Drivers who misuse blue badges for the disabled are left unpunished by 40% of councils in England, according to the Department for Transport.
Blue badges entitle drivers to free parking in pay and display bays and allow them to park in disabled zones.
Analysis by the Press Association showed that 61 out of 152 local authorities do not have a penalty policy for the dishonest use of badges.
The disability charity Scope said it was a “staggering” number.
The penalty for misuse of the badges is stiff, according to the RAC Foundation, with fines of up to 1,000.
“But that is no deterrent if councils have no policies for prosecutions,” the foundation’s direction of motoring research Steve Gooding said.
He added: “Abuse of the system creates huge levels of ill feeling and risks bringing into disrepute the whole scheme, which is invaluable for those who really need it.”
In 2015, there were 2.39 million blue badge holders in England, official figures show.
Councils in England took legal action against 896 people for abuse of blue badges in the year to the end of March 2016, according to the Department for Transport (DfT).
Almost all of the cases involved drivers using another person’s blue badge.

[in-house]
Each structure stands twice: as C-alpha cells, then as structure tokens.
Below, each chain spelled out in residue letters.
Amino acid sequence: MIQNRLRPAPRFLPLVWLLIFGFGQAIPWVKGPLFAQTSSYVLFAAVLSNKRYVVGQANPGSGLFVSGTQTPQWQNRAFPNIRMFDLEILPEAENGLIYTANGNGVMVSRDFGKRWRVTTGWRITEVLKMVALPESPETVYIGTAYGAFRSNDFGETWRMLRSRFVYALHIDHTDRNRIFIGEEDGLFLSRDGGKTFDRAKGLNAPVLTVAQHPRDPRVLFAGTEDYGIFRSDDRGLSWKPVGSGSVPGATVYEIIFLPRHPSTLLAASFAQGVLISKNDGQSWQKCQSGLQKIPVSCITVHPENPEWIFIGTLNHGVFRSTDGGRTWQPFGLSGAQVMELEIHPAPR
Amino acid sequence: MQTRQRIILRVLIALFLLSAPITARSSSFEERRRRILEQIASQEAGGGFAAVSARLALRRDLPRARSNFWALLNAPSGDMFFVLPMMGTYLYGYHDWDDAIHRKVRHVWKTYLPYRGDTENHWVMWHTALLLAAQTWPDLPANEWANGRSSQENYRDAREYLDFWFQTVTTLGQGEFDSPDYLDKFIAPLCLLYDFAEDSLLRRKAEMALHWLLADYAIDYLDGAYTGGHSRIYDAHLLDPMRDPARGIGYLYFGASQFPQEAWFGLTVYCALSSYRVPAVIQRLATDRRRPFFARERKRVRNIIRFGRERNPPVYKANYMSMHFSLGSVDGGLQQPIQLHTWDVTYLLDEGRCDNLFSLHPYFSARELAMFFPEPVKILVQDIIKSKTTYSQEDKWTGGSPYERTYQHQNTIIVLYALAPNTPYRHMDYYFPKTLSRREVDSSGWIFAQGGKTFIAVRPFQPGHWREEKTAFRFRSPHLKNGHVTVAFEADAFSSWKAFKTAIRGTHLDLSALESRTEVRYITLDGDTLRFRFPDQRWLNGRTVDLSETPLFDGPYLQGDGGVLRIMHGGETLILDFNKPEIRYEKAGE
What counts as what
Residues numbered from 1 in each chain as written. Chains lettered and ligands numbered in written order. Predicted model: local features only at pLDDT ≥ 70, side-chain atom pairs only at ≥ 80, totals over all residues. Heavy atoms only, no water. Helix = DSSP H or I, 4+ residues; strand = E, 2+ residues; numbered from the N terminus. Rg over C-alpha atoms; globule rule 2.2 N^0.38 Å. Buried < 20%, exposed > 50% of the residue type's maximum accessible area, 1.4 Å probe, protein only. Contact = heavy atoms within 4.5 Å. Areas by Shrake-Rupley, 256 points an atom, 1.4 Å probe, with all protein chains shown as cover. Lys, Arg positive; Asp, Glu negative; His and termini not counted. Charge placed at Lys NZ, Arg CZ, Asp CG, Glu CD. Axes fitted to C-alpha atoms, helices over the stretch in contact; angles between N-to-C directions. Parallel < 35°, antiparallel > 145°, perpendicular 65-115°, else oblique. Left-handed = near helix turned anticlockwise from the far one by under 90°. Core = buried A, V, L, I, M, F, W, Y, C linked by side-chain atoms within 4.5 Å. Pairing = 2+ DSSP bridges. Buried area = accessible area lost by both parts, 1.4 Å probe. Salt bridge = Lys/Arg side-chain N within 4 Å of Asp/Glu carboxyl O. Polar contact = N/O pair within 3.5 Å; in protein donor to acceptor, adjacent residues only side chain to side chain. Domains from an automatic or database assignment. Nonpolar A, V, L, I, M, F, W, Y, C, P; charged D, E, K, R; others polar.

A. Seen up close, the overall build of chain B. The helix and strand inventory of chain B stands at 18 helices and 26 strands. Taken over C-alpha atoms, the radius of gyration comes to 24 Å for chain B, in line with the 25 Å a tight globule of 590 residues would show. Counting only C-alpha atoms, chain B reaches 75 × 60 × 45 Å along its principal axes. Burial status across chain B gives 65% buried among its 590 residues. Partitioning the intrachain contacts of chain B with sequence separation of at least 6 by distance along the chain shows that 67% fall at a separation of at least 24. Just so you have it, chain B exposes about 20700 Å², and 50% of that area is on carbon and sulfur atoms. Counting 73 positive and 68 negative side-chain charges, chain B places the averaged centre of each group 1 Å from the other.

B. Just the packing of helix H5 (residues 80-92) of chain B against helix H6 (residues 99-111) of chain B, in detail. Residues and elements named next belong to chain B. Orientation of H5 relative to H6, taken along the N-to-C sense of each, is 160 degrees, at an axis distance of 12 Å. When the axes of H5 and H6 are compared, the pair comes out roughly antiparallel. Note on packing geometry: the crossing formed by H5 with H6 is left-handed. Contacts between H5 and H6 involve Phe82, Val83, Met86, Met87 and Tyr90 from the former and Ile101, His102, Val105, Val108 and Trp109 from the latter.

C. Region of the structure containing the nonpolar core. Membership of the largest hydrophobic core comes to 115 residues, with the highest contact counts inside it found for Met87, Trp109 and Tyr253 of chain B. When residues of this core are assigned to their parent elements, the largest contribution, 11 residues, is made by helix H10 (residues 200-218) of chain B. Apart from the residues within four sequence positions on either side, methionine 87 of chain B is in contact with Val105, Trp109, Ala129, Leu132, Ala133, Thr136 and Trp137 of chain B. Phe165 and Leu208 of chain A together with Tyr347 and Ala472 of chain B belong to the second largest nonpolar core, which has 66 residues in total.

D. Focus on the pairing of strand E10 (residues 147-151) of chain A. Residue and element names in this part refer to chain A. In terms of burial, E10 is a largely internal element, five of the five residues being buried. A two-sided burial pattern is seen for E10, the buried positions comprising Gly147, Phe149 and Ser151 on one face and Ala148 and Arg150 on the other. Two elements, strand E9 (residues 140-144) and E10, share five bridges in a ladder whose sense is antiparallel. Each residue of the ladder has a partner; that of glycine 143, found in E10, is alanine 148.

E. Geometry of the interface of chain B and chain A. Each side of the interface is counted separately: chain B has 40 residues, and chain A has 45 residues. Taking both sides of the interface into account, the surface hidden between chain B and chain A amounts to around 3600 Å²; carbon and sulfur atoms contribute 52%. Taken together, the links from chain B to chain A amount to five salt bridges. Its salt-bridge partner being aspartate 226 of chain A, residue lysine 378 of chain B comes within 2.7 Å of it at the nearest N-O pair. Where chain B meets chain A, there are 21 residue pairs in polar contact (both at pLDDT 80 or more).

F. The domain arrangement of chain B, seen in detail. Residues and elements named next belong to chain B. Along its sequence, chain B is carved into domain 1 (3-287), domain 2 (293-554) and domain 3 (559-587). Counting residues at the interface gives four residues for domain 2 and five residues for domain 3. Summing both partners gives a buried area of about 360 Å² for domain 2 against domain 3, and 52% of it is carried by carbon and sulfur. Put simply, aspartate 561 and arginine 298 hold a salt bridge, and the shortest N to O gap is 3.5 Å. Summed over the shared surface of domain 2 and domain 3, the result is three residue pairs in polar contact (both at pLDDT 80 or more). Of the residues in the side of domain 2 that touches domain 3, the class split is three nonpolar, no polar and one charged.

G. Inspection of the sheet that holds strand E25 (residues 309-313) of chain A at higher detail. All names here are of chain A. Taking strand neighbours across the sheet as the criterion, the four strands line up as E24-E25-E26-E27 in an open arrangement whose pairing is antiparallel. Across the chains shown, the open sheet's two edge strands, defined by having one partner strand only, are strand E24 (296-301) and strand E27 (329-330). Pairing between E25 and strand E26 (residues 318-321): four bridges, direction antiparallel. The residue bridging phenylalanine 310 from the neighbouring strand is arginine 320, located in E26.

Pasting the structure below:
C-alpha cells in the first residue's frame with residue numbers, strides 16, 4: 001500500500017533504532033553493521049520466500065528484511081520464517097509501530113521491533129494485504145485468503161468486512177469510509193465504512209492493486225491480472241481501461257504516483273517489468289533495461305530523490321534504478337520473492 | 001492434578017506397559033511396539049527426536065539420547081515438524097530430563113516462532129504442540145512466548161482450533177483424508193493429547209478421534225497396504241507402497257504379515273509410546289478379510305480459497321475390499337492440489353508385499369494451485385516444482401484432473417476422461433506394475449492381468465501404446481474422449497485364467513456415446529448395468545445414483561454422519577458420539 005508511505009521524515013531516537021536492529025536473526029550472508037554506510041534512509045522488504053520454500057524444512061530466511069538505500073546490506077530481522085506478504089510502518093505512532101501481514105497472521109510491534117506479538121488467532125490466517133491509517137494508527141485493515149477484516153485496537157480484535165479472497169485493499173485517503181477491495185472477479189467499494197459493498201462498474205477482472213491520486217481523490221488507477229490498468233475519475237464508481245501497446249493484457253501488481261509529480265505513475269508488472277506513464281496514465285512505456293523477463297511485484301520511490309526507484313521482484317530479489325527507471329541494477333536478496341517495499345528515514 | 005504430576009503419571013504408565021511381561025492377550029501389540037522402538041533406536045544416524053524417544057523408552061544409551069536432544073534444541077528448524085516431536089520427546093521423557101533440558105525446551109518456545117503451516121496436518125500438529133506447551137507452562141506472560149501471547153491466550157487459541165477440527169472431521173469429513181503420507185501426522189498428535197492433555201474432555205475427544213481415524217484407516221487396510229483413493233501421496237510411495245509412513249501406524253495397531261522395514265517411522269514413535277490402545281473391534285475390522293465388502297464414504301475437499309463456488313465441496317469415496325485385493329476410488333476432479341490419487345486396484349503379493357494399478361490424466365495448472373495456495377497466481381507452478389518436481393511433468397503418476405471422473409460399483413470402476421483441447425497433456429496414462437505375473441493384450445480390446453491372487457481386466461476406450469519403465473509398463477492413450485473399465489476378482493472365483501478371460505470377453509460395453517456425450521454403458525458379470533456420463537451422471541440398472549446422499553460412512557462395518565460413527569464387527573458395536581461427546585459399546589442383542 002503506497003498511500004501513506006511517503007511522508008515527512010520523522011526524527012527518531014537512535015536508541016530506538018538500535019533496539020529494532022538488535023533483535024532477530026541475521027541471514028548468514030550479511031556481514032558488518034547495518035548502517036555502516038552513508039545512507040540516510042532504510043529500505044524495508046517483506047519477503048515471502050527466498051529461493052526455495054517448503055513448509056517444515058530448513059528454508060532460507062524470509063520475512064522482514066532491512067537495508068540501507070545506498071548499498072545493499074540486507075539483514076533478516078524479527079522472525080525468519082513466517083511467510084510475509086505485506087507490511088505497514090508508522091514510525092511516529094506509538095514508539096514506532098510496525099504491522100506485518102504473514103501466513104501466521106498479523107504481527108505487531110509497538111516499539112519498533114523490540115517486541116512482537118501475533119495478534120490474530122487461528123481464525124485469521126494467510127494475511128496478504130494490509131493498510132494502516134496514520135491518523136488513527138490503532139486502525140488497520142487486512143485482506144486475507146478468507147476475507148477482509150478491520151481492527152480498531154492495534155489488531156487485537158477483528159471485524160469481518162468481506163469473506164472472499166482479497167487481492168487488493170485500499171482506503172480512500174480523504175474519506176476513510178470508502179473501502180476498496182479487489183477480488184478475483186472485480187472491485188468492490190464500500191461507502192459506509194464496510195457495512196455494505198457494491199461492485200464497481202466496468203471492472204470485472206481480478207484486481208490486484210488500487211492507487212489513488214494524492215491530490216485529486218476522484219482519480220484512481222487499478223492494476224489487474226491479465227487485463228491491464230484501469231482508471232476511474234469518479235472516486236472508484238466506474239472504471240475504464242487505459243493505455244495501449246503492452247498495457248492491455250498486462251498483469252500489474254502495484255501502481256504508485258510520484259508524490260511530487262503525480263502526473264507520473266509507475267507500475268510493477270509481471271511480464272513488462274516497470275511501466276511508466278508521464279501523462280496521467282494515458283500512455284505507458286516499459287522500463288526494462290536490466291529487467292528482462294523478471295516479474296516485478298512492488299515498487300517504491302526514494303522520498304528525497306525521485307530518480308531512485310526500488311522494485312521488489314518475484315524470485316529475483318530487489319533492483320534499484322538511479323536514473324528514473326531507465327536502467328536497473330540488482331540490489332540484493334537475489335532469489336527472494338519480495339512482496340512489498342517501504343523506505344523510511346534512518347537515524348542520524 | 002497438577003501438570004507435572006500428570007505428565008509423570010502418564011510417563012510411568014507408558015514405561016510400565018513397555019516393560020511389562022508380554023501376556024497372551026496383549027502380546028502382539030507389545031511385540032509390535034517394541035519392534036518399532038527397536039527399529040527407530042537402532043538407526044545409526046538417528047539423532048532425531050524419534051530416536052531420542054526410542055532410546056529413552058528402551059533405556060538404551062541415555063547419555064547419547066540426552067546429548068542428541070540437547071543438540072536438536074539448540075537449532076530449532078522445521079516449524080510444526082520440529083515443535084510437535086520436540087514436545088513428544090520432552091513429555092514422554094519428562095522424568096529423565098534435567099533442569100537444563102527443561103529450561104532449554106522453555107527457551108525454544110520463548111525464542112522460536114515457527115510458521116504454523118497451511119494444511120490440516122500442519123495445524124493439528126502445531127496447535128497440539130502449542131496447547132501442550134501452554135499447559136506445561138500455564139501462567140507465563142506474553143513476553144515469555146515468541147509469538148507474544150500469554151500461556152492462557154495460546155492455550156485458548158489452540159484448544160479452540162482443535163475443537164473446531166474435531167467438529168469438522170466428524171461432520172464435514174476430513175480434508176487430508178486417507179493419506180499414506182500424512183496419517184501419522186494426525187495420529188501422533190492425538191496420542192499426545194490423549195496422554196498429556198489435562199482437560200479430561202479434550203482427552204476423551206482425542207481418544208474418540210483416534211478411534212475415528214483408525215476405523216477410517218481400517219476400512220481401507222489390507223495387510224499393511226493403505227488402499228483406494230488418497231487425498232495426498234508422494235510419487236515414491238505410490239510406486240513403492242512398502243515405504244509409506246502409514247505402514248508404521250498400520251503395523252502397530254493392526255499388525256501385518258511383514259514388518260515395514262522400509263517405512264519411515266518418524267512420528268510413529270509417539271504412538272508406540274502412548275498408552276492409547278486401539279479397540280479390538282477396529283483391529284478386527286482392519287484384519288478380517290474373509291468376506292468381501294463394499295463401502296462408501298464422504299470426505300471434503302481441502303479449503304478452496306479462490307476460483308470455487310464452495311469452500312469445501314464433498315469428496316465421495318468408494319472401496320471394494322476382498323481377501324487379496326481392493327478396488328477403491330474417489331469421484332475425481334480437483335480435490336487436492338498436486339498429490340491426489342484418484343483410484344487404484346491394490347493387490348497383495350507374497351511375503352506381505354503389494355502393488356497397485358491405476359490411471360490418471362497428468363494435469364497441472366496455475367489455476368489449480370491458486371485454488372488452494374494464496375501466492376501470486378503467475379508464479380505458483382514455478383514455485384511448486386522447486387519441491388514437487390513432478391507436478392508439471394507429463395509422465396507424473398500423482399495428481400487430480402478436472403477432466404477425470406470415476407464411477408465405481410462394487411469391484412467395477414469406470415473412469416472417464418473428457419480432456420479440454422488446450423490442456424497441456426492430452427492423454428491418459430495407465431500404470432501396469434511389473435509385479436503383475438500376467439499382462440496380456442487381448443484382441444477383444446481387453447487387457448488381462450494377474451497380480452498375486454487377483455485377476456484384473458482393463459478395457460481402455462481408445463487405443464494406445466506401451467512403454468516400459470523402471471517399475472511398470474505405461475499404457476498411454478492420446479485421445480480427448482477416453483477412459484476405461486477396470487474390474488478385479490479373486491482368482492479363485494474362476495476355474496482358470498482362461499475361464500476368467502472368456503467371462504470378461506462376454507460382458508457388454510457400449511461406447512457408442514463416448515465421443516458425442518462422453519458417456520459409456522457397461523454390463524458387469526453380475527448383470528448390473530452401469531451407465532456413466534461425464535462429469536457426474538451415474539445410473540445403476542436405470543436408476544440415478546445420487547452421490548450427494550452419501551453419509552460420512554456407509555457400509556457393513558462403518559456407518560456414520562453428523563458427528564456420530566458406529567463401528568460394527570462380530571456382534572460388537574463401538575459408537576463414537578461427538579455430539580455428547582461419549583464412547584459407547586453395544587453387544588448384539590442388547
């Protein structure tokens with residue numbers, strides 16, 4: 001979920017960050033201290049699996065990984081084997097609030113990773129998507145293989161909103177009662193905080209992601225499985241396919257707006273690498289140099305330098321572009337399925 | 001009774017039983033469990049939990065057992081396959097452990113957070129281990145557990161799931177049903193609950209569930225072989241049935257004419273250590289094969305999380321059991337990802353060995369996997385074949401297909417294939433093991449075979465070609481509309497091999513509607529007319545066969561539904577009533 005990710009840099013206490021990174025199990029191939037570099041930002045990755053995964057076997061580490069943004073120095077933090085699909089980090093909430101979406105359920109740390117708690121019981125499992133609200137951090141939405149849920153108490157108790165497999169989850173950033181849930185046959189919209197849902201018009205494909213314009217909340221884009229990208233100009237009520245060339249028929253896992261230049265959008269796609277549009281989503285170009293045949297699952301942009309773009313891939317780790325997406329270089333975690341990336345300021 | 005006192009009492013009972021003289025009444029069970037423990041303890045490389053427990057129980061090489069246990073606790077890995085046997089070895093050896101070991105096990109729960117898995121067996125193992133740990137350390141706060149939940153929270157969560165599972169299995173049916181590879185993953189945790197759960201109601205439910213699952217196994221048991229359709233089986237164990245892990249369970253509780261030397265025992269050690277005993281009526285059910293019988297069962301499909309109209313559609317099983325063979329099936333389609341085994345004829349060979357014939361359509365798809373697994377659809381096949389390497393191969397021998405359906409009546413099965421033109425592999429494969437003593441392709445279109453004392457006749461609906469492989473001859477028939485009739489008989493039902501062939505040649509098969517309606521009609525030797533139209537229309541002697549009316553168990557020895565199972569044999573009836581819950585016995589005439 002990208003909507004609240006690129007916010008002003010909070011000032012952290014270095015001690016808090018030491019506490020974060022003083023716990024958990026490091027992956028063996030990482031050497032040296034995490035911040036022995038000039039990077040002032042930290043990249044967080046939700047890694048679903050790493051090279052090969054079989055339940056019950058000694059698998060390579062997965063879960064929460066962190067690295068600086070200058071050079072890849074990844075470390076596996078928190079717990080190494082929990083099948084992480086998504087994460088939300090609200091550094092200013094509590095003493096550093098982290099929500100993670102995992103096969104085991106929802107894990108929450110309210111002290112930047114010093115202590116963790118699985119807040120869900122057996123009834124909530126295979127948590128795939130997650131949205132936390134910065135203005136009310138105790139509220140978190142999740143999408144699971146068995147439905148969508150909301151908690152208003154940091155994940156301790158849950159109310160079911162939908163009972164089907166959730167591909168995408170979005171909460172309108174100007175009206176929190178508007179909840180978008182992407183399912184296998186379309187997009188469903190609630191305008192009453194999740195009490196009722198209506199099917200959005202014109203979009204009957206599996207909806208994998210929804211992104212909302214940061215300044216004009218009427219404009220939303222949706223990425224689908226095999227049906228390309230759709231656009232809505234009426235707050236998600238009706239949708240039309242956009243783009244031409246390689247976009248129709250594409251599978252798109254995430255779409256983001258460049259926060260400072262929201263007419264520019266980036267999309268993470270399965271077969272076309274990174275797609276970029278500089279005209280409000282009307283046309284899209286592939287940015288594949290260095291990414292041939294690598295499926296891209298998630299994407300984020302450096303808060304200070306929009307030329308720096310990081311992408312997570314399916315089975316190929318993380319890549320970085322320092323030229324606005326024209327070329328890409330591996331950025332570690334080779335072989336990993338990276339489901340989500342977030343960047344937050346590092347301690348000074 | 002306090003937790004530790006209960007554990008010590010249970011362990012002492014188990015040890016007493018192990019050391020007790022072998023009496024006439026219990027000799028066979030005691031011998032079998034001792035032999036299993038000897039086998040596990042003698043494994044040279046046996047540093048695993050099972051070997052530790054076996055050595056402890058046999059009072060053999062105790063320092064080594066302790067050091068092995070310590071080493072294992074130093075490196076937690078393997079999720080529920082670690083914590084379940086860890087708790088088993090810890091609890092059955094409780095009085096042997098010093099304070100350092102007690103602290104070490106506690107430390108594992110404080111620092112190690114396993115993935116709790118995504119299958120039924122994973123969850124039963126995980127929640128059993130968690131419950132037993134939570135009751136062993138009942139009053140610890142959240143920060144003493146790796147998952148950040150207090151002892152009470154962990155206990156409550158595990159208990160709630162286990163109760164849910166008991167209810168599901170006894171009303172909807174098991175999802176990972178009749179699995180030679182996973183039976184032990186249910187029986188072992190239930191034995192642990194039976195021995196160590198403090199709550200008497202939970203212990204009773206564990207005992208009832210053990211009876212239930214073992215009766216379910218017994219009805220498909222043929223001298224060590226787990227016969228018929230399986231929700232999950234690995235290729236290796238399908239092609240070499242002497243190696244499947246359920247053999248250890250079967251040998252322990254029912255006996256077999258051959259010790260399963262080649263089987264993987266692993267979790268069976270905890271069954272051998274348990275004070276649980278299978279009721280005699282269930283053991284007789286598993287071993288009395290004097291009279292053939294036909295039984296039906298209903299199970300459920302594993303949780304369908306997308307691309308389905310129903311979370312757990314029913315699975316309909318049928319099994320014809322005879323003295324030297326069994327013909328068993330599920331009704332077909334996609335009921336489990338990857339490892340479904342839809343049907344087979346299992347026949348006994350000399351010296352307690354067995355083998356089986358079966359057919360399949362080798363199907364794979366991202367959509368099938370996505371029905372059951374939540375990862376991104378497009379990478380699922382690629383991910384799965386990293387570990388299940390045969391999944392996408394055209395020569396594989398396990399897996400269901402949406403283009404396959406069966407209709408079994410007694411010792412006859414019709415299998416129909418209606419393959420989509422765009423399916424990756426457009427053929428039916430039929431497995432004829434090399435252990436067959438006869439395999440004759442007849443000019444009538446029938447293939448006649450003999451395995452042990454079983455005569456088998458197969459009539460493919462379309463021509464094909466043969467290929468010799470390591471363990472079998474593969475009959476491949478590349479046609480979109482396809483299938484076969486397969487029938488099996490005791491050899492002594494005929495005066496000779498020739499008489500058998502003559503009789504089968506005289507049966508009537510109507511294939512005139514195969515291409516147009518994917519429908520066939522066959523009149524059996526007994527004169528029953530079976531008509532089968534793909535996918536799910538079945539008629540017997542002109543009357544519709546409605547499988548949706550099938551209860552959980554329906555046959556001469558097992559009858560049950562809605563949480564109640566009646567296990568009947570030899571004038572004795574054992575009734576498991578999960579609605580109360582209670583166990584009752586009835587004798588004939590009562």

James Taylor, Scope’s head of policy, said councils have a duty to disabled people and to taxpayers to tackle the issue.
He said: “Many disabled people rely heavily on their blue badges to live independently and we need to crack down on misuse of the system wherever possible.
“It appears that some councils take their work to weed out those who are not disabled more seriously than others.”
Earlier this year, the Local Government Association (LGA) revealed that the number of blue badges stolen in England had trebled in three years.
The LGA said there were 2,056 cases of theft recorded in 2015 compared with 1,756 in 2014 and 656 in 2013.
However, the LGA disputed the accuracy of the DfT’s report on councils’ lack of policies, saying that some councils listed as not having a policy for prosecuting abuse of the scheme do have reporting mechanisms for such incidents.
A spokesman for the LGA said: “Councils take blue badge fraud seriously and are working hard to combat it.
“Gathering evidence and mounting a prosecution can be time-consuming and expensive, but councils know their areas and are best placed to decide the most effective way to tackle it.”
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